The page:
Sick of tarmac? Keen to get off busy roads? Longing to explore new routes? Maybe get a little dirty, while gripping drop handlebars? A Gravel Bike could well be the answer. Here are our top tips for Gravel.
Seek the Smooth
While hard-packed tracks can be ridden almost like tarmac roads, loose gravel corners, descents and climbs take a little more thought. A bit like riding or driving on slippery surfaces, such as ice or snow, make your braking and steering actions smooth and gentle to maximise your chances of keeping it ‘rubber side down’. Looking at the track ahead, pick out the smoothest route which will allow for the most trouble-free option. There are no prizes for searching out the rockiest terrain, although your dentist might thank you for it.
Riding reasonably surfaced quiet roads can allow your mind to wander and survey the landscapes and have a good look at your surroundings or even ‘zone-out’ a little. Riding gravel needs a more attention. Gravel tracks & trails can be constantly changing and unpredictable. Tracks can also feature random stuff to surprise you like water hazards, motorcross riders and wild animals.
Sit ‘n’ Grip
Steep climbs on loose gravel need a fair amount of grip. 30 – 40mm tyres often don’t have a huge amount of grip from their contact surface area. Maximise grip on loose climbs by staying seated and putting more weight over the rear wheel. For long, loose climbs it could be worth stopping and dropping some air pressure from the rear tyre and re-inflate at the top.
Less grip means it’s a good idea to minimise the work our tyres need to do. Cornering and braking at the same time on gravel can result in a dramatic loss of traction, get used to braking early, scrubbing off speed before starting your turn.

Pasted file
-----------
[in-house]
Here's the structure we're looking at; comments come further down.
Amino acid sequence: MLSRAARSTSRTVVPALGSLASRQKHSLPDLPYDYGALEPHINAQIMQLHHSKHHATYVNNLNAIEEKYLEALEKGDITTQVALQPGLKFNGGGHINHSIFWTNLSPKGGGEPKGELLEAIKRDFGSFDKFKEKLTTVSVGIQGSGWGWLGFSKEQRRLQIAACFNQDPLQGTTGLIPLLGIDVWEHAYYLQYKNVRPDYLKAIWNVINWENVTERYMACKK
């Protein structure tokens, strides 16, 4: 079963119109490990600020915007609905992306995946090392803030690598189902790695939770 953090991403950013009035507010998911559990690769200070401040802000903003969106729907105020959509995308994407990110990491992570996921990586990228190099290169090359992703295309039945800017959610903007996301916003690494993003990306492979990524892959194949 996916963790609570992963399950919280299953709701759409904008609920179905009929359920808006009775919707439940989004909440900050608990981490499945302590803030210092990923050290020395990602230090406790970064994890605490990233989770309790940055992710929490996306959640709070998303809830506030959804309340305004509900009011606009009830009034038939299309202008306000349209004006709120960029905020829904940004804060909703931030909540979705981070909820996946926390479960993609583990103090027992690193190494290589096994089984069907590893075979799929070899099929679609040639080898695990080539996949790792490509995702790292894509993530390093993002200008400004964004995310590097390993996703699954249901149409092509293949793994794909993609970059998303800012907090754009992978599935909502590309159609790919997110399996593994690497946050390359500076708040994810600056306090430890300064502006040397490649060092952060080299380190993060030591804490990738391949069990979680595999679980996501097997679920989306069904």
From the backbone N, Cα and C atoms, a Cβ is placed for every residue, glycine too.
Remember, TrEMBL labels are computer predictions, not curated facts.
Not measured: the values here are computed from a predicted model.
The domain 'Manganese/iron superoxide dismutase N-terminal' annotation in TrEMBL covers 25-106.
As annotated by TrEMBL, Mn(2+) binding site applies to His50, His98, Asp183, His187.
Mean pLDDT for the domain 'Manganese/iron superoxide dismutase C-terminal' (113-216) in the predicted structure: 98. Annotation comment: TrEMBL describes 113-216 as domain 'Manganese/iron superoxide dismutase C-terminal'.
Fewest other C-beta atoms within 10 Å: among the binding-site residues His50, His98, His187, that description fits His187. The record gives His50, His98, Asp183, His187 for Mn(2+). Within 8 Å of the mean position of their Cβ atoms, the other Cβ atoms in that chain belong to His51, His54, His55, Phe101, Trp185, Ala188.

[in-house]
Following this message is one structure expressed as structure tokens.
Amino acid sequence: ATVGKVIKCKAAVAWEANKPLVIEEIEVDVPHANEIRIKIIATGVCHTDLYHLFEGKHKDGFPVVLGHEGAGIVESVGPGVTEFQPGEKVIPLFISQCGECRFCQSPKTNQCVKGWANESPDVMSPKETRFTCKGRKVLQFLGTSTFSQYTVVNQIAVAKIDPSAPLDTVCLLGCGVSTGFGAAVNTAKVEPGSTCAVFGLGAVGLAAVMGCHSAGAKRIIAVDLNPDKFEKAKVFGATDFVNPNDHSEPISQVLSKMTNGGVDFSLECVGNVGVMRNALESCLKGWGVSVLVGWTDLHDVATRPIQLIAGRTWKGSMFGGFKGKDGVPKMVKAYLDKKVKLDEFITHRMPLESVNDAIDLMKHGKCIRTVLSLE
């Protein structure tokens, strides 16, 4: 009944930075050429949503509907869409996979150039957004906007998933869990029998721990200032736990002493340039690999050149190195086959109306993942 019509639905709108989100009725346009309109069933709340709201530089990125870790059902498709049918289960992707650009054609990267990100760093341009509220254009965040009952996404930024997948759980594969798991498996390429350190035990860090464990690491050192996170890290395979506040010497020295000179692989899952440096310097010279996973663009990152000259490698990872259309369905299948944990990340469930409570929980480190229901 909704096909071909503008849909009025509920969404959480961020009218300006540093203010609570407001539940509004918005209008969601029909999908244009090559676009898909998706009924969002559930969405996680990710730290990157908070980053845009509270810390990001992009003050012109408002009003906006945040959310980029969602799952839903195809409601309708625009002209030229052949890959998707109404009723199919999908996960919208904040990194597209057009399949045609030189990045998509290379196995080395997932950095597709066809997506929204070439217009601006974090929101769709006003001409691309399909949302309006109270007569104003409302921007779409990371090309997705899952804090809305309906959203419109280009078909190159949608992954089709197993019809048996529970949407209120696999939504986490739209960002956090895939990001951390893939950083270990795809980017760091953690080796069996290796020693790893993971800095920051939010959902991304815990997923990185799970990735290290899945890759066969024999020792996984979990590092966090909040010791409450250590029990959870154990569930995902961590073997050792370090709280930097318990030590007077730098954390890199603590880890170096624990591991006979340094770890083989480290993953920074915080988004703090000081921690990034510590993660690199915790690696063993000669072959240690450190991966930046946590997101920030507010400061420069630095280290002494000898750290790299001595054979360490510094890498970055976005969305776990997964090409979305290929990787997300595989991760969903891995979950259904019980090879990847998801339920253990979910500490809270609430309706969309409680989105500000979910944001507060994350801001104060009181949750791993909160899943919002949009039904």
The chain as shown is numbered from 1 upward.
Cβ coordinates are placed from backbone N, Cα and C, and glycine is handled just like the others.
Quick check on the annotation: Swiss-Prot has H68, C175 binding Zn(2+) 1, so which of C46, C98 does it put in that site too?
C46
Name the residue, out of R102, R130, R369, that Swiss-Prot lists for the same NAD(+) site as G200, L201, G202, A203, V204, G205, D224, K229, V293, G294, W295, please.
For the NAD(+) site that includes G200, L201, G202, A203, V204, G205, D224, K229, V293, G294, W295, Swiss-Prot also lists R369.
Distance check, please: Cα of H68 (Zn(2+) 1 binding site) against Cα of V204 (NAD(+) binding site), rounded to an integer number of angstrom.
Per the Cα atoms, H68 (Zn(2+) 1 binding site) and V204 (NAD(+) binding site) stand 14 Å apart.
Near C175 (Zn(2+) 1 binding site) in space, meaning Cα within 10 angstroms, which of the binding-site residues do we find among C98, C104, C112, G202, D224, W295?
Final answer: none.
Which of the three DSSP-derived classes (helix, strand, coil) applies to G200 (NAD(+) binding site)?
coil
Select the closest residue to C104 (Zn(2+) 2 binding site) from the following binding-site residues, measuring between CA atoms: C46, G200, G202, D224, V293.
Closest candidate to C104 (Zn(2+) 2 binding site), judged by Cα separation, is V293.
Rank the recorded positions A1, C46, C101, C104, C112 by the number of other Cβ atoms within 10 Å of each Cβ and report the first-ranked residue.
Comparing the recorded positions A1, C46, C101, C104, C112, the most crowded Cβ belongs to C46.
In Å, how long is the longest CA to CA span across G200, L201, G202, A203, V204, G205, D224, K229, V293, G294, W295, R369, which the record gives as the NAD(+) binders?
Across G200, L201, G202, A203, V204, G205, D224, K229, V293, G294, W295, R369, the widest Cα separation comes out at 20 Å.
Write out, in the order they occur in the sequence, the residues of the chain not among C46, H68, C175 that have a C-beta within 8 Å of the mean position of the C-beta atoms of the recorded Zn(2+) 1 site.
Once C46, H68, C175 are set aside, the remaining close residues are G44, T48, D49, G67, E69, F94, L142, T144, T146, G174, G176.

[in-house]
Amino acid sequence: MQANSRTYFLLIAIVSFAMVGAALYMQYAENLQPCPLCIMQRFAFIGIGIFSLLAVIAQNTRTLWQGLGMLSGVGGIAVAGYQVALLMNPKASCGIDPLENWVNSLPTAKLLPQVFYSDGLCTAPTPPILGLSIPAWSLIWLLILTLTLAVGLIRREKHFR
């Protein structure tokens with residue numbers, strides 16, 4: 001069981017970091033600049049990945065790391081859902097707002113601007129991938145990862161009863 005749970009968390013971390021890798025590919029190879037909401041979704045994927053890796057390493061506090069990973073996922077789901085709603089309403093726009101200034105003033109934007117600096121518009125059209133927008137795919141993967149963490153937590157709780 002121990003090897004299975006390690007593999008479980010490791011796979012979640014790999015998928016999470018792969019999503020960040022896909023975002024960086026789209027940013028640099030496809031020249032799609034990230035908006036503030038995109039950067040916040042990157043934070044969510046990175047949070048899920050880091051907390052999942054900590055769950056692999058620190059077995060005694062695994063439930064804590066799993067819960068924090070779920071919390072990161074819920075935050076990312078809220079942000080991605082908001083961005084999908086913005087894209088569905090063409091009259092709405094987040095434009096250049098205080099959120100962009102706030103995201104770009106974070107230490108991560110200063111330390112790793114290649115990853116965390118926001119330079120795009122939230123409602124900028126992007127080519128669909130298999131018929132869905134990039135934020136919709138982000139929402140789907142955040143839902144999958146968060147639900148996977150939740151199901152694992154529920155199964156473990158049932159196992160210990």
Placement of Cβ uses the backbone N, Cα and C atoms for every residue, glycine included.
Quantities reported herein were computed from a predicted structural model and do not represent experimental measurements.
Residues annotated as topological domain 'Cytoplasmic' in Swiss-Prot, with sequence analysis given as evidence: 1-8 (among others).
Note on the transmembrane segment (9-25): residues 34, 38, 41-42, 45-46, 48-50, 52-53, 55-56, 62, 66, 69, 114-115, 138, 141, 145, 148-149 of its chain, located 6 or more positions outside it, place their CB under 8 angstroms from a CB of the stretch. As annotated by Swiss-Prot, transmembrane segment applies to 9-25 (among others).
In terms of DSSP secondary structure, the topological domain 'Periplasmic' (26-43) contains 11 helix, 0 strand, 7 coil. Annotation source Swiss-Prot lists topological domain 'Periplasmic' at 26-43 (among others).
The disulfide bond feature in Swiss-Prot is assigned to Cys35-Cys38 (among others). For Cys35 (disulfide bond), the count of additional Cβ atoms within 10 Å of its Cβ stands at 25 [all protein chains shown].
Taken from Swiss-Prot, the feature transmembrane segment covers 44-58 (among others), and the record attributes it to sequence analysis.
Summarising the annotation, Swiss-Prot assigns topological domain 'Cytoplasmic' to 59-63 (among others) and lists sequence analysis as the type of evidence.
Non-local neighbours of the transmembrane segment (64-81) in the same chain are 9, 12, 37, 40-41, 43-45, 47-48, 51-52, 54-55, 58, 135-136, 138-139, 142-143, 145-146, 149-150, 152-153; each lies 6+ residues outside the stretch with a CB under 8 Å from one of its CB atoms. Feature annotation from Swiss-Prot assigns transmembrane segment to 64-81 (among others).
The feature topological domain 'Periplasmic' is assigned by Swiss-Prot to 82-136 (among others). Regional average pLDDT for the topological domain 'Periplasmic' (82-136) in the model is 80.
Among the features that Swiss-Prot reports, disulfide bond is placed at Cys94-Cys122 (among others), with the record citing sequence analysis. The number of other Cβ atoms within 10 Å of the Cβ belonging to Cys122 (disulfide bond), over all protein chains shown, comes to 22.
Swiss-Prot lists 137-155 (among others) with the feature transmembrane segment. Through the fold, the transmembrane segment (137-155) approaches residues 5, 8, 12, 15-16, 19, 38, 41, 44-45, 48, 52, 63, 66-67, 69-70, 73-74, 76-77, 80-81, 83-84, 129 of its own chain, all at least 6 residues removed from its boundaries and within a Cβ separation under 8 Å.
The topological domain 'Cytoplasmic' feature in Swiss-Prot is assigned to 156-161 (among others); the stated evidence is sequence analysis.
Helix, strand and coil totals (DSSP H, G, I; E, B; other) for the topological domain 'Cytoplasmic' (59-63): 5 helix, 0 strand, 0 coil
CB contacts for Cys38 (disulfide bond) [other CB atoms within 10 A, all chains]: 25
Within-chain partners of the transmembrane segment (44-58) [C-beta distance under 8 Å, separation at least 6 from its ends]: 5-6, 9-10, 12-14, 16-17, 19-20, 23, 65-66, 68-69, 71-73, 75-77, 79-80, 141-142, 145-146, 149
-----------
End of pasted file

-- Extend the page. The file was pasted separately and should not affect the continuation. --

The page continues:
Despite all the marketing hype, even gravel bikes have their limits. There is a fine line between a gravel bike and a 29er Mountain bike. If you are regularly asking your gravel bike to pull-off MTB style maneuvers, you could be heading for the edge of you and your bike’s capabilities. Instead of stretching the boundaries and channeling your inner John Tomac, pull back a notch and take it easy. Try to ride your bike in a more relaxed frame of mind and just enjoy being off the roads and away from traffic.
Tracks and gravel trails tend to cover more scenic terrain, well usually more scenic than the rear of view of cars… Back through history when the roads we use today were tracks for horses, foot soldiers and people walking between towns, the route planners had more pressing issues than finding the most scenic terrain to travel, they often went for valley roads and straight lines – easier for marching on and safer for not getting attacked by bandits and highwaymen. Green lanes and tracks often get better views because they often took a route over hills rather than around them. Corpse or coffin tracks used to be used for carrying the dead to their final resting place, they often followed less travelled scenic paths (Land owners used to think being on a coffin track brought them good luck for following seasons crop yields). Gravel tracks can give a feeling of how things were in times long gone by. Canal tow paths and former rail track trails can be a relaxing place to ride, they are also a great opportunity to take in some industrial heritage history.
Our latest batch of aluminium gravel bikes (3rd generation Malt G2X) were great, they sold faster out than any other bikes and got a solid 5 / 5 from our customers. However! They are now BACK! check out our full range of gravel bikes here and framesets here.